You may wonder, with the internal drives of the M2 Mac mini so blazing fast, why I keep emphasizing external media? There are four reasons:

  1. Apple’s internal storage is far more expensive than buying external storage.
  2. Media files are huge; bigger than huge, actually. It is not uncommon editing media projects that span terabytes. At some point, your projects will get too large to hold on the internal drive, at which time, the capacity and speed of external storage become important.
  3. External storage can be easily expanded.
  4. If your external storage breaks or needs repair, you don’t lose access to your computer.

If your project can fit on the internal drives, use them! They are fast, reliable and always available. But, if not, it is good to know what’s possible with external media.


The reason we buy new gear is to get our work done faster. So I spent a lot of time comparing the speed of older computers running the same projects with this new system.

NOTE: Because the 2018 Mac mini used an older operating system to support older software, I substituted a 2017 iMac running the current version of Final Cut Pro and macOS Monterey for these tests. Based on the GeekBench 5 results the 2017 iMac and 2018 Mac mini are close enough to be used for comparison.

Using Apple Final Cut Pro 10.6.5, I ran three separate tests:

The 2023 Mac mini was over 7 times faster than the 2017 iMac in rendering and exporting a four-minute 8K clip compared to the iMac. This reflects not just the power of the processor, but the benefits of the Media Engine which moves media encoding and decoding into hardware. It was also about 15% faster than the 2021 MacBook Pro with the M1 Pro chip.

NOTE: The 15% speed difference won’t improve import, playback or editing. Those always work fine. It will improve effects processing, rendering and export.

(Click to see larger image.)

When exporting a four-minute 8K clip the GPU was pretty much maxed out, 94.5% out of 100%, while the CPU diverted most processing to the eight performance cores on the system.

NOTE: In the CPU display, the four left columns represent the efficiency cores, the performance cores are on the right.

Final Cut was running about 1/3 speed (top red arrow). The maximum performance of the CPUs in a Mac is measured as (100% * the number of cores). For this system, that equals 1,200%.

Look in the lower right corner (red box) to see transfer bandwidth. This highlights the benefits of faster SSD storage. The clip was exporting at 630 MB/second! This is faster than a single hard disk, PCIe SSD or 4-drive HDD RAID can support.

The Mac mini was over 4 times faster than the iMac in applying a Gaussian blur, rotating clips 20°, scaling them to 80%, then rendering the entire 4-minute 4K clip than the iMac. It was also about 10% faster than the MacBook Pro with the M1 Pro chip.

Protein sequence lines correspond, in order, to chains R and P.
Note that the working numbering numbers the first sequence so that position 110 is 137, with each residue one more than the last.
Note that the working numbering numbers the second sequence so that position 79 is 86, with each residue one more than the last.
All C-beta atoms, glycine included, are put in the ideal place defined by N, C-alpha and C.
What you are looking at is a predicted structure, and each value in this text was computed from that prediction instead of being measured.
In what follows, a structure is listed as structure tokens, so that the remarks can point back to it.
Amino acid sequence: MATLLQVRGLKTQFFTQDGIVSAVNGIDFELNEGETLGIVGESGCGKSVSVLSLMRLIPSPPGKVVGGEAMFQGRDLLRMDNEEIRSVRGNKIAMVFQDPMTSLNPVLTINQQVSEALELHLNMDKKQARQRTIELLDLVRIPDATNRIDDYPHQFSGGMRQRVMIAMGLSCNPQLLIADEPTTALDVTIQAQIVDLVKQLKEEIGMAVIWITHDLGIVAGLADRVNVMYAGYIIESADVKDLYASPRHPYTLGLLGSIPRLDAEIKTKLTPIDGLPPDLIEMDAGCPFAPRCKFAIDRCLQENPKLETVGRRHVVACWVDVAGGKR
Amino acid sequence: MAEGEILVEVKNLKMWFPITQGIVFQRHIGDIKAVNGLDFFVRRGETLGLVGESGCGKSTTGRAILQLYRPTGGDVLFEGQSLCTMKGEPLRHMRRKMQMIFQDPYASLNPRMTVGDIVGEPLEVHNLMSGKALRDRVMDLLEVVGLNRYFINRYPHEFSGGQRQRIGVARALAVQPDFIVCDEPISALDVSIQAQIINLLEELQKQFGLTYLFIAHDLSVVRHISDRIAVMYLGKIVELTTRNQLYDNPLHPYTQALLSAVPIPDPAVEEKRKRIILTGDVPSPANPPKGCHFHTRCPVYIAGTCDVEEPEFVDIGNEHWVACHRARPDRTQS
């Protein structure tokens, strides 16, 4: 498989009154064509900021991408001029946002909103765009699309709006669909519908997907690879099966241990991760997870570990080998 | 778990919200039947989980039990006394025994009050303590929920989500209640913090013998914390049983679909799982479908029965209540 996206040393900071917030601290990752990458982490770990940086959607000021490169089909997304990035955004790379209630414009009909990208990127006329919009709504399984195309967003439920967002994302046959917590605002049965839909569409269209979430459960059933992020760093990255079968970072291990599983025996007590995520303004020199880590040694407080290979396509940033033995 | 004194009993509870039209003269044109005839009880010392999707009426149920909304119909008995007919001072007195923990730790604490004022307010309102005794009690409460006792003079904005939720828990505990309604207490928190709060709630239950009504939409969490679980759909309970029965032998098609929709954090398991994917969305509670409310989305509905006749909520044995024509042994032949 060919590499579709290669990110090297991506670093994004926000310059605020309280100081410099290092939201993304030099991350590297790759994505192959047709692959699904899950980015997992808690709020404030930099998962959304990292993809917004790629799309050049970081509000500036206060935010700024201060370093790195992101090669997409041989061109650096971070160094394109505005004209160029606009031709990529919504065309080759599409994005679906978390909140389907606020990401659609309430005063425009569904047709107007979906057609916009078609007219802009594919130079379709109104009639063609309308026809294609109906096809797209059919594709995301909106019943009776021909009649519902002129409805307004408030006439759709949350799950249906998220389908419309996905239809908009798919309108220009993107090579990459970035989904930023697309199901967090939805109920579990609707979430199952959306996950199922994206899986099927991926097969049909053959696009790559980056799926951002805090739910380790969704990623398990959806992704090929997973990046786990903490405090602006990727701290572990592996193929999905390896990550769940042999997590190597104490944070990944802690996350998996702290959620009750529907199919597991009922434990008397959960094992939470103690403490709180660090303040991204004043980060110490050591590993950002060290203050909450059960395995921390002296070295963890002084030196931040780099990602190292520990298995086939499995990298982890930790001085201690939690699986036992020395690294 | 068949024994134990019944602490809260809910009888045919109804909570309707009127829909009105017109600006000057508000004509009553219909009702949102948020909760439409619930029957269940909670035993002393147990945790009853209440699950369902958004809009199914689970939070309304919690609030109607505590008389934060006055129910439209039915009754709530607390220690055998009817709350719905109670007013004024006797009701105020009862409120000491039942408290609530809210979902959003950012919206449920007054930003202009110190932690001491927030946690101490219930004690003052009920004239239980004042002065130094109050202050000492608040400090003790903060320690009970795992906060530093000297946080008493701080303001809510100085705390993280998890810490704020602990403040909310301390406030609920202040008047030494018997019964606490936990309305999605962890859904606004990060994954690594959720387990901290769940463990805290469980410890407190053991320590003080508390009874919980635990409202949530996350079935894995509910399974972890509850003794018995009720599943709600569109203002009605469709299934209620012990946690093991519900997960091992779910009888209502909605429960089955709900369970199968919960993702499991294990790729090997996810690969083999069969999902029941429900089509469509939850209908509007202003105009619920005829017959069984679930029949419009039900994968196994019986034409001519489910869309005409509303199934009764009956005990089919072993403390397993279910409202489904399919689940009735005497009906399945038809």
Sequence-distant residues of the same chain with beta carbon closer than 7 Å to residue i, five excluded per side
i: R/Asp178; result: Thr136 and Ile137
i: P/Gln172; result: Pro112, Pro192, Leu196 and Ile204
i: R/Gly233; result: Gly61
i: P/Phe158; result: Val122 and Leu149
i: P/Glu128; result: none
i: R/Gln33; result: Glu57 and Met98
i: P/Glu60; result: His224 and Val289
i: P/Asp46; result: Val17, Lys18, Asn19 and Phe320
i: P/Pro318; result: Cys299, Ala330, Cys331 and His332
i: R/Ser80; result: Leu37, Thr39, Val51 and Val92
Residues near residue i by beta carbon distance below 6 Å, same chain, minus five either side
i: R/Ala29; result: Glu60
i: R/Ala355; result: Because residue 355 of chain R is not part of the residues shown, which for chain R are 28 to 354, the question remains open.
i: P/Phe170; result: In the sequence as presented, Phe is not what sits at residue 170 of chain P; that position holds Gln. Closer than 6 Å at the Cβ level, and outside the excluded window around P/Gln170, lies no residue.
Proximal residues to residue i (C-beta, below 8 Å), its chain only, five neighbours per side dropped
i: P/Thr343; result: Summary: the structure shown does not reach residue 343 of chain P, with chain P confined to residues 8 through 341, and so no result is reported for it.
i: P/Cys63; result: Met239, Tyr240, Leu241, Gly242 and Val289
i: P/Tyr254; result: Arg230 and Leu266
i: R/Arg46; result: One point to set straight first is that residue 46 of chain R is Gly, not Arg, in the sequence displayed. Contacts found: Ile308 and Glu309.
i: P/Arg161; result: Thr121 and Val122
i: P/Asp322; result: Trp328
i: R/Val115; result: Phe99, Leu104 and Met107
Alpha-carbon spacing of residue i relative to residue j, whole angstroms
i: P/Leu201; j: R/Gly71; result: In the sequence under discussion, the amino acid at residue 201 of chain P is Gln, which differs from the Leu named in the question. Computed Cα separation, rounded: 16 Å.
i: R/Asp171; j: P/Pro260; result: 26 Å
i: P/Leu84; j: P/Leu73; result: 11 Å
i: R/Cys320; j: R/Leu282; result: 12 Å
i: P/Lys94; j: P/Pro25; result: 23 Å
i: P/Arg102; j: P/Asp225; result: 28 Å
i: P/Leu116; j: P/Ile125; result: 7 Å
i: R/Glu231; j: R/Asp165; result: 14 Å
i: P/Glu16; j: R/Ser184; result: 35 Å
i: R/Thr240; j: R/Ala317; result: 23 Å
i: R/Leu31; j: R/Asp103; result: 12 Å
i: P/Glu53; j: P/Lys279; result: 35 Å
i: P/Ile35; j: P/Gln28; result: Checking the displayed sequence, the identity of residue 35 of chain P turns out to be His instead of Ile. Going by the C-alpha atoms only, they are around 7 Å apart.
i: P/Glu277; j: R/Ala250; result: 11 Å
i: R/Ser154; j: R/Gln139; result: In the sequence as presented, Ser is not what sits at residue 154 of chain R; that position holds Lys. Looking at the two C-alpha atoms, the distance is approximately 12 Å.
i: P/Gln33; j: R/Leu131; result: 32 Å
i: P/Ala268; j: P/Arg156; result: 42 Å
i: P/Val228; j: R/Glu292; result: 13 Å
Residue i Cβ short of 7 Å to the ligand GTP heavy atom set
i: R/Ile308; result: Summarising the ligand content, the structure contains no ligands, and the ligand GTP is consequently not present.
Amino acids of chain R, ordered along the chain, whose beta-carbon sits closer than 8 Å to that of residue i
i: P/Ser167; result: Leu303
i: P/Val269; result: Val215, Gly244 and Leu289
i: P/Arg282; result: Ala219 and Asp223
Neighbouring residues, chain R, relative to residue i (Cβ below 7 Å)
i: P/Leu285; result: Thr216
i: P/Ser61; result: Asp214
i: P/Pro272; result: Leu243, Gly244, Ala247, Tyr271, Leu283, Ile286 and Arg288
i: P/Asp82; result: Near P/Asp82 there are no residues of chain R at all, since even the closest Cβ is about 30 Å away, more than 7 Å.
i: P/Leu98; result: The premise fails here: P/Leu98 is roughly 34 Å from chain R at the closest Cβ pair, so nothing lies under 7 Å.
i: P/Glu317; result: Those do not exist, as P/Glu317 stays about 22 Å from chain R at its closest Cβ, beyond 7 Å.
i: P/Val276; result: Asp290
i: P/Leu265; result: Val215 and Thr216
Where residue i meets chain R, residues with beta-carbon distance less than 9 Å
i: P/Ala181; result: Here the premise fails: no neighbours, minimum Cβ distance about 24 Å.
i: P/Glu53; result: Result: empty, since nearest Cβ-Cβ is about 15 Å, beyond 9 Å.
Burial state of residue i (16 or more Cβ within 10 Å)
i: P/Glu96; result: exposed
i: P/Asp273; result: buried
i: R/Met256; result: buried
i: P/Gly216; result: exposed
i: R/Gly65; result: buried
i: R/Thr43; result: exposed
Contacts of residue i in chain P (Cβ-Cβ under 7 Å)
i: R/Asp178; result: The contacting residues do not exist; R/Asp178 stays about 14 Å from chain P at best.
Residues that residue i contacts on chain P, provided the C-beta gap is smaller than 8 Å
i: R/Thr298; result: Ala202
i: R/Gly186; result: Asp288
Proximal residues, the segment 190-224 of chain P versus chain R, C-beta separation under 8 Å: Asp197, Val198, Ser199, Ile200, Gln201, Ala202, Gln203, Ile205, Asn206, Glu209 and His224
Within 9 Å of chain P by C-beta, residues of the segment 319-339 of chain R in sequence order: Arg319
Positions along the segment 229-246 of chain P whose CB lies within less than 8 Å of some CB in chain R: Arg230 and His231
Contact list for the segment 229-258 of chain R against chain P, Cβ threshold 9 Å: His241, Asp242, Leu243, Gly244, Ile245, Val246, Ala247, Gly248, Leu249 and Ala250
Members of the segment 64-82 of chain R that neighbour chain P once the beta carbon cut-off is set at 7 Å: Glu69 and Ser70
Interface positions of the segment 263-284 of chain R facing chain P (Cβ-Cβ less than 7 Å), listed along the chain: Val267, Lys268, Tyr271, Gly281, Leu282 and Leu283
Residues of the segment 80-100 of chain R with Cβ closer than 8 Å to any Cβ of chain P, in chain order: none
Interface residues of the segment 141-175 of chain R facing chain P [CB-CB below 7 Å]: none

NOTE: All timed speed tests were run three times, then total times were averaged. Timing was by stopwatch.


Final Cut Pro is an amazing multicam editing machine. While the multicam performance of the M2 Pro is essentially the same as the M1 Pro, the power of the entire hardware and software system is unparalleled, especially when compared to Adobe Premiere Pro.

NOTE: Apple calls each video stream an “angle,” because it is a different perspective on the same scene. I’m using “stream” because each clip is a stream of data from storage to the computer.

I created a series of multicam clips in 5-stream increments (i.e. containing 5, 10, 15, 20 clips…) I then played each stream until Final Cut started flagging dropped frames.

NOTE: You can test this yourself. Open Final Cut and go to Final Cut Pro > Preferences > Playback and check all the check boxes. For the most consistent test results, uncheck Background Render on this page as well.

Each clip, which ran between 30 seconds and 2 minutes, was converted into four formats:

(Click to see a larger image.)

NOTE: Green bars indicate where I could not establish an upper streaming limit. Red bars indicate where multicam clips could not be played at all.

In all cases, the M2 Mac mini is dramatically better than the iMac. (These results would be similar for the 2018 Mac mini.) Where the iMac struggled to play 5 streams of 4K ProRes 422, the M2 Pro plays more than 40.

The one exception to multicam performance was that the iMac tied with the M2 Mac mini in playing H.264 proxy clips. This is due to Intel systems moving H.264 encoding and decoding into hardware, similar to what Apple did with the M2 SoCs. However, Intel systems don’t process ProRes in hardware, while the M2 SoCs do.

NOTE: I only had 40 clips to work with for these tests. Other tests I did earlier this month seemed to indicate that Final Cut easily handled 65 4K ProRes multicam streams, provided your storage is fast enough. (Link)

The biggest limitation to maximizing multicam editing was not the speed of the M2, but the speed of the OWC Thunderblade and the bandwidth limitations of Thunderbolt.